Much of what we do as practitioners is to prevent inadvertent security problems – oversights, zero-days, etc. What about inherent and unavoidable problems? When the very design of the thing requires a lack of security? What do you do then?
Check out this post for the basis for our conversation on this week’s episode which features me, David Spark (@dspark), producer of CISO Series, co-host Allan Alford (@allanalfordintx), and our sponsored guest is Dan Woods, vp of the Shape Intelligence Center, F5.
Thanks to this week’s podcast sponsor, F5
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On this episode of Defense in Depth, you’ll learn:
- The mere act of conducting business requires you to have certain procedures that would make you vulnerable. Simple things like taking customer information to create user accounts and processing credit cards. That’s inherent to doing business, and by opening that up, it makes you vulnerable.
- A lot of this inherent vulnerability comes down to having users or customers and needing to authenticate them.
- When you start a business you’re also accepting the inherent vulnerability and you have to ask yourself to what level can the business function having that vulnerability abused? It’s all about risk appetite.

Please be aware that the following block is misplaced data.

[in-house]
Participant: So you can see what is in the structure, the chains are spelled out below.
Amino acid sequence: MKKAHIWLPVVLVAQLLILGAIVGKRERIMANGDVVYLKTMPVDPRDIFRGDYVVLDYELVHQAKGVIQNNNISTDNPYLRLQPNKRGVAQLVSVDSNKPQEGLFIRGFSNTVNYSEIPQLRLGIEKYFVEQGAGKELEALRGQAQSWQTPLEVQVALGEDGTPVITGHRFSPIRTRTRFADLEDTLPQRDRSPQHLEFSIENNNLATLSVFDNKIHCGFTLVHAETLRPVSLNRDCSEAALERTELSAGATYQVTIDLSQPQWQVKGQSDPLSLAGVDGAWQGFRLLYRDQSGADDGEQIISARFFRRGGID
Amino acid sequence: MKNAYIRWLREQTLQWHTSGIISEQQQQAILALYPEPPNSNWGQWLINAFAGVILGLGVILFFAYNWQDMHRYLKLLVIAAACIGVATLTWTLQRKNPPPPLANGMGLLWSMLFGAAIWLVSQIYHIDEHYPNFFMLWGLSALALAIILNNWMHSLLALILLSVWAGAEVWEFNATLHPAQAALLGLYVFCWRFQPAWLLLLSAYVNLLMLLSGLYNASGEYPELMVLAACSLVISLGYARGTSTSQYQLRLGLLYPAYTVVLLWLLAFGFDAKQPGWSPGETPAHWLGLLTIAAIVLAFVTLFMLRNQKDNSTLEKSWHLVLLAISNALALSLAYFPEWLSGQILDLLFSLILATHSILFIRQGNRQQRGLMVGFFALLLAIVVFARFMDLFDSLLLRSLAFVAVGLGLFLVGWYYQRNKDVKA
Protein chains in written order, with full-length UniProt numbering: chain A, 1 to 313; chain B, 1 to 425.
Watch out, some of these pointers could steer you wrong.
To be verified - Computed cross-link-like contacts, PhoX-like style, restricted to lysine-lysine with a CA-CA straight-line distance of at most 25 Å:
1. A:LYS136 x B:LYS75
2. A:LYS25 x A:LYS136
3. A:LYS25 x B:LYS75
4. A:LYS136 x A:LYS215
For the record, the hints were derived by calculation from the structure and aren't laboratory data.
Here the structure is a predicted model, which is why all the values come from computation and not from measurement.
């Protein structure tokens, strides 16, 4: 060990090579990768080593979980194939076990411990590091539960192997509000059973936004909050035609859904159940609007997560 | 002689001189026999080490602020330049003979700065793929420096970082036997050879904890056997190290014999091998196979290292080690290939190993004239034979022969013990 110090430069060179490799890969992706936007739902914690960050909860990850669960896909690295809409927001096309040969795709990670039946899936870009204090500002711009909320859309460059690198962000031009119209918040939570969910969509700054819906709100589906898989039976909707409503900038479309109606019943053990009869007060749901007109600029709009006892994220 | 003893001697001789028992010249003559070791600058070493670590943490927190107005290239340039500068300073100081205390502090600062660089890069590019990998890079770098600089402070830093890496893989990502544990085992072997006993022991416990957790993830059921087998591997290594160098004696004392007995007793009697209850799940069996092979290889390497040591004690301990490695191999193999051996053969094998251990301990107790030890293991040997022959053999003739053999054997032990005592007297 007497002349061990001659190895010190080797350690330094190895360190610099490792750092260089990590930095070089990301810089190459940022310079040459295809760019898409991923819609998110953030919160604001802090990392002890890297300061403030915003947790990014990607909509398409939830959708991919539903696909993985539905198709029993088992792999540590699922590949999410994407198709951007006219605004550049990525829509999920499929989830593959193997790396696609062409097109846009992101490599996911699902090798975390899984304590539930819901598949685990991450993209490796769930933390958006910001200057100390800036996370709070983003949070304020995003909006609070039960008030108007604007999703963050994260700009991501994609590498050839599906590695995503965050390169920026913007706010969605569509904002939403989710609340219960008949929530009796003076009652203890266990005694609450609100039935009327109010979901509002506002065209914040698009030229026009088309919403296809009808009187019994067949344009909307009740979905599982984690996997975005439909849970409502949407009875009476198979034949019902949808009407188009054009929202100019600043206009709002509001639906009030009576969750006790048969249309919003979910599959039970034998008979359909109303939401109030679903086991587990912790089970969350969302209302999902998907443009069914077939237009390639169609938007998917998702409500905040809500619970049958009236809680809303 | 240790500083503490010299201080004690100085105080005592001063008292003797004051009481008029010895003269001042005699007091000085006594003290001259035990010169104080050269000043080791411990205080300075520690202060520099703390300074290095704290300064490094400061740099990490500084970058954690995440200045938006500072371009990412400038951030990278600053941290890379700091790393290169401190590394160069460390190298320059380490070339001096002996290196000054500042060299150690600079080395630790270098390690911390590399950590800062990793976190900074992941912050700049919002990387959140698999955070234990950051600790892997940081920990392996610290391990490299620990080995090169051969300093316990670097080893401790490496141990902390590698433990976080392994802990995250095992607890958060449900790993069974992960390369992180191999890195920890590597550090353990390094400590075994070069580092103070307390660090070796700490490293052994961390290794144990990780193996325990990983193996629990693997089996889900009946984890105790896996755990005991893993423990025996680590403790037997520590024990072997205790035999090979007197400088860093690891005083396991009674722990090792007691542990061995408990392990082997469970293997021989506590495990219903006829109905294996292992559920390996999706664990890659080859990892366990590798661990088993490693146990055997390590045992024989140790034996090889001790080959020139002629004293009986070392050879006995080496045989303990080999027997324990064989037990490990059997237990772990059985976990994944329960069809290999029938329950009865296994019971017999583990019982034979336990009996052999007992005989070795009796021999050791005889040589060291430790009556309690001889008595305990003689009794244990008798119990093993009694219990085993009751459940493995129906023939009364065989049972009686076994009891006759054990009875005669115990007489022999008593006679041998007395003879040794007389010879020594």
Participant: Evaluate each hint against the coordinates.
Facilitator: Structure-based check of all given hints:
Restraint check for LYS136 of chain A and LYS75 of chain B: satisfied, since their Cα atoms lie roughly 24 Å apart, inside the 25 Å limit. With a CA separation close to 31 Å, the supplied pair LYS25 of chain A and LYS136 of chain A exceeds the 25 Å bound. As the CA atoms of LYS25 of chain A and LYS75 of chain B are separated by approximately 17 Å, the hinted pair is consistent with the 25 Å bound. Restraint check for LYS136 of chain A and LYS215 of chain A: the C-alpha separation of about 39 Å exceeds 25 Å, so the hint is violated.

- Two factor authentication sure is nice, but there has to be multiple “behind the scenes” authentications going on to verify identity continuously.
- As you’re collecting all these additional data points you can use that information to ask the user to verify.
- Provide discounts to customers and users for good security practices. Insurance companies do this with people who prove safe driving practices. It could be a win-win for everybody. For example, with Mailchimp, they give you a discount if you enable 2FA. Why not offer a discount for a really long and complicated password?
- One of the major issues is the password reset process happens through email. Email wasn’t designed for critical authentication. Many hacks happen through the reset process via email.